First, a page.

Celonis aims to deepen and democratize process mining
Celonis unveiled Process Sphere, enabling companies to create maps across functional areas, and Business Miner, which moves process analysis from data analysts to business users.
Celonis launched two new applications, Process Sphere and Business Miner, aimed at growing and democratizing the use of process mining in organizations.
Process Sphere is an expanded version of Celonis' process mining software that enables organizations to create more complete maps of business processes. Business Miner is an application aimed at business users to help them find and fix broken processes.
Product Sphere and Business Miner are components of the Celonis Execution Management System, a platform built on a process mining engine that analyzes business processes to discover inefficiencies and breakpoints, and provides AI-based automated actions to the process mining analysis.
Both applications were introduced at the recent Celosphere 2022, a conference for Celonis customers and partners in Munich. Process Sphere is now available in beta for select customers, and Business Miner is now in limited availability, with pricing to be determined for both when the products become generally available.
Process Sphere and Business Miner capabilities could drive more adoption of process mining in organizations, according to analysts.
Mapping business processes
Process mining software enables organizations to analyze how business processes work; how often they're used and who is using them; and where business processes are inefficient, broken or duplicated.
The idea behind the new Process Sphere stems from a goal to reinvent the foundation of Celonis process mining, said Alexander Rinke, Celonis co-CEO.
Celonis describes process mining as an X-ray of a business process, while Process Sphere is like an MRI that can create interactive maps of processes that highlight interdependent process flows and dependencies, according to Rinke.
"One of the key limitations of process mining today is that it's built for individual business processes, like for the flow of an order or invoice," Rinke said. "You look at the processes one problem at a time, but processes don't work in isolation -- they interact with each other."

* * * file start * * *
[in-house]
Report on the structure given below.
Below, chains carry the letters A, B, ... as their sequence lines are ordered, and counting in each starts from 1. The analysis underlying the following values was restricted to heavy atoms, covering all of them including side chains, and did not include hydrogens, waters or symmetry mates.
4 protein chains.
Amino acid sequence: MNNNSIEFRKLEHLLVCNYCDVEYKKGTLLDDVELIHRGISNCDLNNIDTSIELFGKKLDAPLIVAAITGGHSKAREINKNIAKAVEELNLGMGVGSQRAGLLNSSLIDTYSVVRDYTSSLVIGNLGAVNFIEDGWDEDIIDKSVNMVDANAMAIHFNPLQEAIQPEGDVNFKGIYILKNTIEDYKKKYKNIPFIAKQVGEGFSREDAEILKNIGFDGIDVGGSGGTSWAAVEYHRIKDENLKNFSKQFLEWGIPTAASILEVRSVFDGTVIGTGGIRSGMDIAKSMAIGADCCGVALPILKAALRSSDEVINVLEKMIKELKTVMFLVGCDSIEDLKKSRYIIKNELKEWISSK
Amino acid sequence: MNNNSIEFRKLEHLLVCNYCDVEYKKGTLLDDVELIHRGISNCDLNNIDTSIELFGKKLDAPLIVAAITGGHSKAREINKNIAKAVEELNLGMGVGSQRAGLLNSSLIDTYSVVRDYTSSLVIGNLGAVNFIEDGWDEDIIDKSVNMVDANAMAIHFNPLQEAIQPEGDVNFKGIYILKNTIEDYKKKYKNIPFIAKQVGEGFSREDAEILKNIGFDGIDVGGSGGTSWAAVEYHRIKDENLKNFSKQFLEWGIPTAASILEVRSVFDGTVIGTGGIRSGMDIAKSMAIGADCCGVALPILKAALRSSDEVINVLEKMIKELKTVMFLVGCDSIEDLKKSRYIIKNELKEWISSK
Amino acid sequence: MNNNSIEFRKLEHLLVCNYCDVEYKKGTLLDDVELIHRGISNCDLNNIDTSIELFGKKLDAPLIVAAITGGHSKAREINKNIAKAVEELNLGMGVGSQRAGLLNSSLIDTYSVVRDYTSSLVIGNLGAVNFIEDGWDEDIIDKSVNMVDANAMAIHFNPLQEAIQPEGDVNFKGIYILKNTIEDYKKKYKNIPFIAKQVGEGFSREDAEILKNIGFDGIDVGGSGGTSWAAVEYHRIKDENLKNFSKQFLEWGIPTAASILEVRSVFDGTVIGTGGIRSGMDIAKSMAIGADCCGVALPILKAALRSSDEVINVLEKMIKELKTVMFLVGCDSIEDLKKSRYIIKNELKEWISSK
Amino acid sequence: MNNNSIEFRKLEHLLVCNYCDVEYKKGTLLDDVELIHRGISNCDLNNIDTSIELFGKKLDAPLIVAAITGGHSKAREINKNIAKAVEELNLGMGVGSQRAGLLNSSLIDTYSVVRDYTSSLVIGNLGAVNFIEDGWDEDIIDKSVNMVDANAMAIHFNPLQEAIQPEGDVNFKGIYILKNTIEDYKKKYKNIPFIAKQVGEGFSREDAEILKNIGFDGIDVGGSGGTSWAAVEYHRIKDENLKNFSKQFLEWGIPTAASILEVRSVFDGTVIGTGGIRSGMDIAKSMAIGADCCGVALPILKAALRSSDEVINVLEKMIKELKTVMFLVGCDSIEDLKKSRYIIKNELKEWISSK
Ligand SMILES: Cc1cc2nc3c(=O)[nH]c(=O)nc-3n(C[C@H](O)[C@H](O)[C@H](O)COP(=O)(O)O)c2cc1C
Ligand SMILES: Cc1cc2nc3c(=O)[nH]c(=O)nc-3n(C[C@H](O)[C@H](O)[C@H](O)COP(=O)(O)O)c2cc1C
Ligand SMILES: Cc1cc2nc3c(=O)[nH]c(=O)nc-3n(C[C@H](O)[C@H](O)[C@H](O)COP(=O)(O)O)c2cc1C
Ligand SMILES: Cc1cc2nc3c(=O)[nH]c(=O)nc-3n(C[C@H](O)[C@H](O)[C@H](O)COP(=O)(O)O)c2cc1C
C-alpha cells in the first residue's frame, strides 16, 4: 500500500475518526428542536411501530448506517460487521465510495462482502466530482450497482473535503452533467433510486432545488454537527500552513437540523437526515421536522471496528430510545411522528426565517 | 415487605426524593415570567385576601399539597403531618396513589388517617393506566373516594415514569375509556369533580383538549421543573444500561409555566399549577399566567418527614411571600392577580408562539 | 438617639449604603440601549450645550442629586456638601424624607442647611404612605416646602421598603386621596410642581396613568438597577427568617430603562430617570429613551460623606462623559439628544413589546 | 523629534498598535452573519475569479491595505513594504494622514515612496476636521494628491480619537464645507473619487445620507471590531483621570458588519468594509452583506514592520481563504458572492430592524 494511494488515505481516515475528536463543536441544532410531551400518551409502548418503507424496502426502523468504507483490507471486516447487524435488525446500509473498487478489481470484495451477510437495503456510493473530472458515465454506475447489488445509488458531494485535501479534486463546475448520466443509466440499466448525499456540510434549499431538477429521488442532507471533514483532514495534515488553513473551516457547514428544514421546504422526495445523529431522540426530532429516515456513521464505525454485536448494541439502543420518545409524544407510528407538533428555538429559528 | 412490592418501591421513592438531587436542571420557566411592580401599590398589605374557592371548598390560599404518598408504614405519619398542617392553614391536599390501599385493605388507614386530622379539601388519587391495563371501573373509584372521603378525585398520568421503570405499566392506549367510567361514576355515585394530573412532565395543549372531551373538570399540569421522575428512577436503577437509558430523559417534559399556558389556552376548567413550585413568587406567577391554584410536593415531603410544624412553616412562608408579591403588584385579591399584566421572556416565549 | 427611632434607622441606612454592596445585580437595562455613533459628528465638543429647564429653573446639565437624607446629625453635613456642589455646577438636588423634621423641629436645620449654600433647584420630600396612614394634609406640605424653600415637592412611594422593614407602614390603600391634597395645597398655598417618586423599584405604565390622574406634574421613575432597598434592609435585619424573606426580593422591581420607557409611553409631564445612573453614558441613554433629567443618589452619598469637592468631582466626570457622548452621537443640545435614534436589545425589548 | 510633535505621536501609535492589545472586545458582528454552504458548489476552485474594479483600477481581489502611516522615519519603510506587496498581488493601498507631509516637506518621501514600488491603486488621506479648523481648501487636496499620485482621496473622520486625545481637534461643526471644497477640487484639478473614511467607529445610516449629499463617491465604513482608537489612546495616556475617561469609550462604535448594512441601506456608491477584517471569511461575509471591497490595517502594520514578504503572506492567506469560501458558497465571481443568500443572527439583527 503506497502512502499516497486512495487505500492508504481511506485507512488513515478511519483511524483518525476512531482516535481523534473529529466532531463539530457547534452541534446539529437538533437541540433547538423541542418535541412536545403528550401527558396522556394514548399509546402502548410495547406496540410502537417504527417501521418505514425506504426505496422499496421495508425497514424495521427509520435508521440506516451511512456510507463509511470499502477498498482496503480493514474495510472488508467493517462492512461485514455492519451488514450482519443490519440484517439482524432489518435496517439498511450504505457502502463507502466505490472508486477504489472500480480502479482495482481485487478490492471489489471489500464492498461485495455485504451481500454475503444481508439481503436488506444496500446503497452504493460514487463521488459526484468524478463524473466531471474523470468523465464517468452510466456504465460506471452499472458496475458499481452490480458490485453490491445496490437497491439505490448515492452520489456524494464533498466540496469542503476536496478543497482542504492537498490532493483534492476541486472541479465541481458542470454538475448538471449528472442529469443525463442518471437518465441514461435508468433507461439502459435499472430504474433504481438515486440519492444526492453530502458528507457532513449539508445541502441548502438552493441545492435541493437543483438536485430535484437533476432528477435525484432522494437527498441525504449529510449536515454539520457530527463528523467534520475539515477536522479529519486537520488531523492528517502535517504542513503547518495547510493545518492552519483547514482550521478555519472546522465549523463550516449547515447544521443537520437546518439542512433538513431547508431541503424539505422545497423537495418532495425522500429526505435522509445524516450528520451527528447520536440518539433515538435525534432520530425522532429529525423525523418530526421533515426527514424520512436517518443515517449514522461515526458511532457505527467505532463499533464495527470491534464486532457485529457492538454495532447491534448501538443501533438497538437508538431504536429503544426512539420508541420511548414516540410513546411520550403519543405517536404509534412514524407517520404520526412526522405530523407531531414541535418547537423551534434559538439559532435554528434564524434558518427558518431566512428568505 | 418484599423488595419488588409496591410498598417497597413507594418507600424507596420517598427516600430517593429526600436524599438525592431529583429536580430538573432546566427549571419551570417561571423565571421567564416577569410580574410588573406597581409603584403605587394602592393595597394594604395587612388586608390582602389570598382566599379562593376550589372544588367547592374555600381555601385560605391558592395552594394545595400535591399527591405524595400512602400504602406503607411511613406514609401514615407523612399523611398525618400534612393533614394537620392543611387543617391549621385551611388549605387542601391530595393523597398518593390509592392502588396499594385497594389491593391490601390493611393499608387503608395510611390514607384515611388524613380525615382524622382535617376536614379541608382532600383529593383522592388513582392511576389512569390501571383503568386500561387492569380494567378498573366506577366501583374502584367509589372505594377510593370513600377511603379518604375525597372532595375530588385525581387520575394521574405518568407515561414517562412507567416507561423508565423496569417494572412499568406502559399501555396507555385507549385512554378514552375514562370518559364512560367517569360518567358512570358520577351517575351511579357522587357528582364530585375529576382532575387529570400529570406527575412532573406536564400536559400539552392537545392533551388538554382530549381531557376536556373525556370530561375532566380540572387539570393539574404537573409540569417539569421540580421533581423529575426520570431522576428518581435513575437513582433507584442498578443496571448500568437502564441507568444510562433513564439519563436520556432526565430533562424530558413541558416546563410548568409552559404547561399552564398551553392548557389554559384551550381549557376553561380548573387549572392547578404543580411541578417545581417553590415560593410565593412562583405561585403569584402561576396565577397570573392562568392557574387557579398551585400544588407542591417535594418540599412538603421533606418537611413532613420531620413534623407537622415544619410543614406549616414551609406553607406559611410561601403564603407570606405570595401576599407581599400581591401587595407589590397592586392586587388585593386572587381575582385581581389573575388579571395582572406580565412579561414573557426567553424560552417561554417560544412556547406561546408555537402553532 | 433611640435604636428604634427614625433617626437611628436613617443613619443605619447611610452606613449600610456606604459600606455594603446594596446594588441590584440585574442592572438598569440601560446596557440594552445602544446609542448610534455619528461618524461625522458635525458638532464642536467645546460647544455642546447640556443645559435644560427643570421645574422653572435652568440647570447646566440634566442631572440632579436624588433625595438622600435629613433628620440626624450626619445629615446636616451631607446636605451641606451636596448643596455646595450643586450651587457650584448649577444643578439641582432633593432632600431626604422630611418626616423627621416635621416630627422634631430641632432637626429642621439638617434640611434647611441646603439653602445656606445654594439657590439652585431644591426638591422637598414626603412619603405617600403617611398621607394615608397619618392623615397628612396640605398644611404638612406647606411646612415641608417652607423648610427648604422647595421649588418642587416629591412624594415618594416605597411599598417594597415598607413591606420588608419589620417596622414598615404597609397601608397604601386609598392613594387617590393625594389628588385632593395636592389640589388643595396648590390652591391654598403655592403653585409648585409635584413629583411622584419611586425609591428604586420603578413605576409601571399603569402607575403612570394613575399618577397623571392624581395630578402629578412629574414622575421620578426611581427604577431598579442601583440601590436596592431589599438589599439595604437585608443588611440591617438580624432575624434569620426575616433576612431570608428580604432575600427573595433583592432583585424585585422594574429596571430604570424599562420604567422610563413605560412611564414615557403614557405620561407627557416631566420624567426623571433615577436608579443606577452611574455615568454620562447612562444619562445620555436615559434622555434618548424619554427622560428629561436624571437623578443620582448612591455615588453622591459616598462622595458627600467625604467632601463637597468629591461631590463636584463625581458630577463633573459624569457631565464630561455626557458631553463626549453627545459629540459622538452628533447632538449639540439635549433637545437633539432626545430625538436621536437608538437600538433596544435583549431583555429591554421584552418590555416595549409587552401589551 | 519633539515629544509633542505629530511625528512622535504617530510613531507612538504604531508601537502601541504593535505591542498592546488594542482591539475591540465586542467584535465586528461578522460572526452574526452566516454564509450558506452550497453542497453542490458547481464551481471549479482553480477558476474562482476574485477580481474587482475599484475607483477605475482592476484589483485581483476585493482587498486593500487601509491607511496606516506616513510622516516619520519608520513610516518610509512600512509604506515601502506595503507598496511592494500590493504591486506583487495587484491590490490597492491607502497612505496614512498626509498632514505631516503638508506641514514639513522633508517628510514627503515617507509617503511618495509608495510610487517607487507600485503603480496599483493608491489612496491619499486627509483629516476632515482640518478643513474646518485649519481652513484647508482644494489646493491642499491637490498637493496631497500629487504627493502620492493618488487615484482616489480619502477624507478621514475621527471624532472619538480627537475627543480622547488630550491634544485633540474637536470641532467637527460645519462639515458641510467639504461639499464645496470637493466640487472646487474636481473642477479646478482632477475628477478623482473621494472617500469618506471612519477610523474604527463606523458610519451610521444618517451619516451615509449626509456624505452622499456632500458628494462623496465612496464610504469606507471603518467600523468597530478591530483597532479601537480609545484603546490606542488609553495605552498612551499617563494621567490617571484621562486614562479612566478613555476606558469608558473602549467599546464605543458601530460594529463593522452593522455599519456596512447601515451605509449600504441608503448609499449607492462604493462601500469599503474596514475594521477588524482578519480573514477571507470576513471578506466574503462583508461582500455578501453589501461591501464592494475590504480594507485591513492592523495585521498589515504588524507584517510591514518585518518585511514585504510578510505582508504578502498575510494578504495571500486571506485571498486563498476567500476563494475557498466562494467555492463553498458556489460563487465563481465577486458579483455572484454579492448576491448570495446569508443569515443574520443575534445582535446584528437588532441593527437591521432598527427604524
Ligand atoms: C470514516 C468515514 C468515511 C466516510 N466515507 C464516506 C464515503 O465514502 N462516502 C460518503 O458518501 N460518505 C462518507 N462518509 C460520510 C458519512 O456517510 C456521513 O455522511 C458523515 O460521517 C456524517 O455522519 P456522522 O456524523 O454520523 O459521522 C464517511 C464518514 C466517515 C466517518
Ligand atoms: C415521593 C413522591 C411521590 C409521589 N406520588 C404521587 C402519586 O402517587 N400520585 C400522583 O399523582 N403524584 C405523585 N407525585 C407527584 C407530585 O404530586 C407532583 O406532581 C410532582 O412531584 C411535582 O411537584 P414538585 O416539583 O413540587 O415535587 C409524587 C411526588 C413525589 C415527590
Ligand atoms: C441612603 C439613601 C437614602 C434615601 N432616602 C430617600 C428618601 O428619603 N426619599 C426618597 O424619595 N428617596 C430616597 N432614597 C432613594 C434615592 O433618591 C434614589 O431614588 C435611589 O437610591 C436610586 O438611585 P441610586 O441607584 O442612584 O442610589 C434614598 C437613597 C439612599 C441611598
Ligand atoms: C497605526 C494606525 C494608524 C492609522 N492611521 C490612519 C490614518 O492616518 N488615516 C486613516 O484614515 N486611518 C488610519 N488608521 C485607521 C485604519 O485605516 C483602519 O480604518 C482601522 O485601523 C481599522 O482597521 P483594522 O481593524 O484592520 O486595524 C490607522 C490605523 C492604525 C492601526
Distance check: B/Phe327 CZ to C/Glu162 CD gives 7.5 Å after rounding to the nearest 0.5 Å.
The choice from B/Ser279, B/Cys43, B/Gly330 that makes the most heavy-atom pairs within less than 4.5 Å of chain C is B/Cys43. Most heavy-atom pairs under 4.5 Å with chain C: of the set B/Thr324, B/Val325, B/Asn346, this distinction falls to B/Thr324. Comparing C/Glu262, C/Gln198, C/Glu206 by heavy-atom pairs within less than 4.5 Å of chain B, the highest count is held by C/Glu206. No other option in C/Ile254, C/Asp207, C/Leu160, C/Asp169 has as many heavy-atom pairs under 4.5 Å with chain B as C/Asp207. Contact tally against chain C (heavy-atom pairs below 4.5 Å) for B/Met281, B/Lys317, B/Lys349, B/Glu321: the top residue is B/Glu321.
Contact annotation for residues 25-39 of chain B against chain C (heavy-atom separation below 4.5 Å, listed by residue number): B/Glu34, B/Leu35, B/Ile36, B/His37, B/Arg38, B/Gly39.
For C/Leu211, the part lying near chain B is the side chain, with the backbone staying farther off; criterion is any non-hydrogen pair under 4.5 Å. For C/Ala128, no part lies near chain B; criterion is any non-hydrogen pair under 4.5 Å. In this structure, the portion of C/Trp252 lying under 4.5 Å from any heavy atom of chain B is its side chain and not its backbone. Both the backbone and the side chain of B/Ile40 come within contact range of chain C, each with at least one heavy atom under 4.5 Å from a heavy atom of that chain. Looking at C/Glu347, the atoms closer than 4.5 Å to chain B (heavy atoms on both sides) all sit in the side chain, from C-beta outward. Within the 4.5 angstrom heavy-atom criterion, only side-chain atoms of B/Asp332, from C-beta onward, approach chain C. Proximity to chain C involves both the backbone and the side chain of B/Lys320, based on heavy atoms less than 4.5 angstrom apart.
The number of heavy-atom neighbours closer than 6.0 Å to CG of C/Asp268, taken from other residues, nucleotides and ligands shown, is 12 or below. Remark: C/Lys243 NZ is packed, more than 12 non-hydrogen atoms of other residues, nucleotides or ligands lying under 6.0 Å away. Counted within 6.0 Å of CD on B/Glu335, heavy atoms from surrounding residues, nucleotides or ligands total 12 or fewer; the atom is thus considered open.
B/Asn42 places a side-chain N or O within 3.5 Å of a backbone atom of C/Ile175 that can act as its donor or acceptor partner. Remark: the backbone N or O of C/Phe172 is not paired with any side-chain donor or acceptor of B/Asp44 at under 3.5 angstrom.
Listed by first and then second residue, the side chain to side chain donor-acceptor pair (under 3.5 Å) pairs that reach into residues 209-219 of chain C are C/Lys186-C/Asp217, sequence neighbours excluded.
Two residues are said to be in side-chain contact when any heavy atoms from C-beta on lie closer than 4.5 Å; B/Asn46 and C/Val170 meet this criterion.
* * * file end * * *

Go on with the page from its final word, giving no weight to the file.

Process Sphere is designed for process data analysts who are best equipped to interpret the maps. Business Miner is aimed at making process mining more accessible to business users, according to Rinke.
"Business Miner is about taking this power, putting it under the hood and unleashing it to everyone in the company," he said.
Process mining depends on three elements: connecting the process data to data engineers, analyzing the data to understand the processes, and bringing that analysis to the business process owner who can adjust or improve the process.
"We want to make sure that more people can do this, so we introduced the Business Miner to do all of those functions without any technical knowledge," Rinke said.
Business Miner uses a question-and-answer-based UI that guides users through the process mining functions. Once some insights have been identified, users can work together in a collaborative workspace to resolve issues.
Getting process mining out of silos
The consumer goods giant Mars intends to use Process Sphere and Business Miner to accelerate the value it can get from process improvements, said Adeel Fudda, vice president of intelligence, automation and emerging technologies at Mars, during a conference session.
Mars is a widespread organization, with several business units such as pet food and veterinary services in addition to its familiar candy division.
Adeel FuddaVice president of intelligence, automation and emerging technologies, Mars
A Celonis user since 2016, Mars has been able to identify value that was hidden in processes and add it back into profit and loss statements, Fudda said. It has also been able to optimize supply chain processes to help lower greenhouse gas emissions to meet sustainability goals.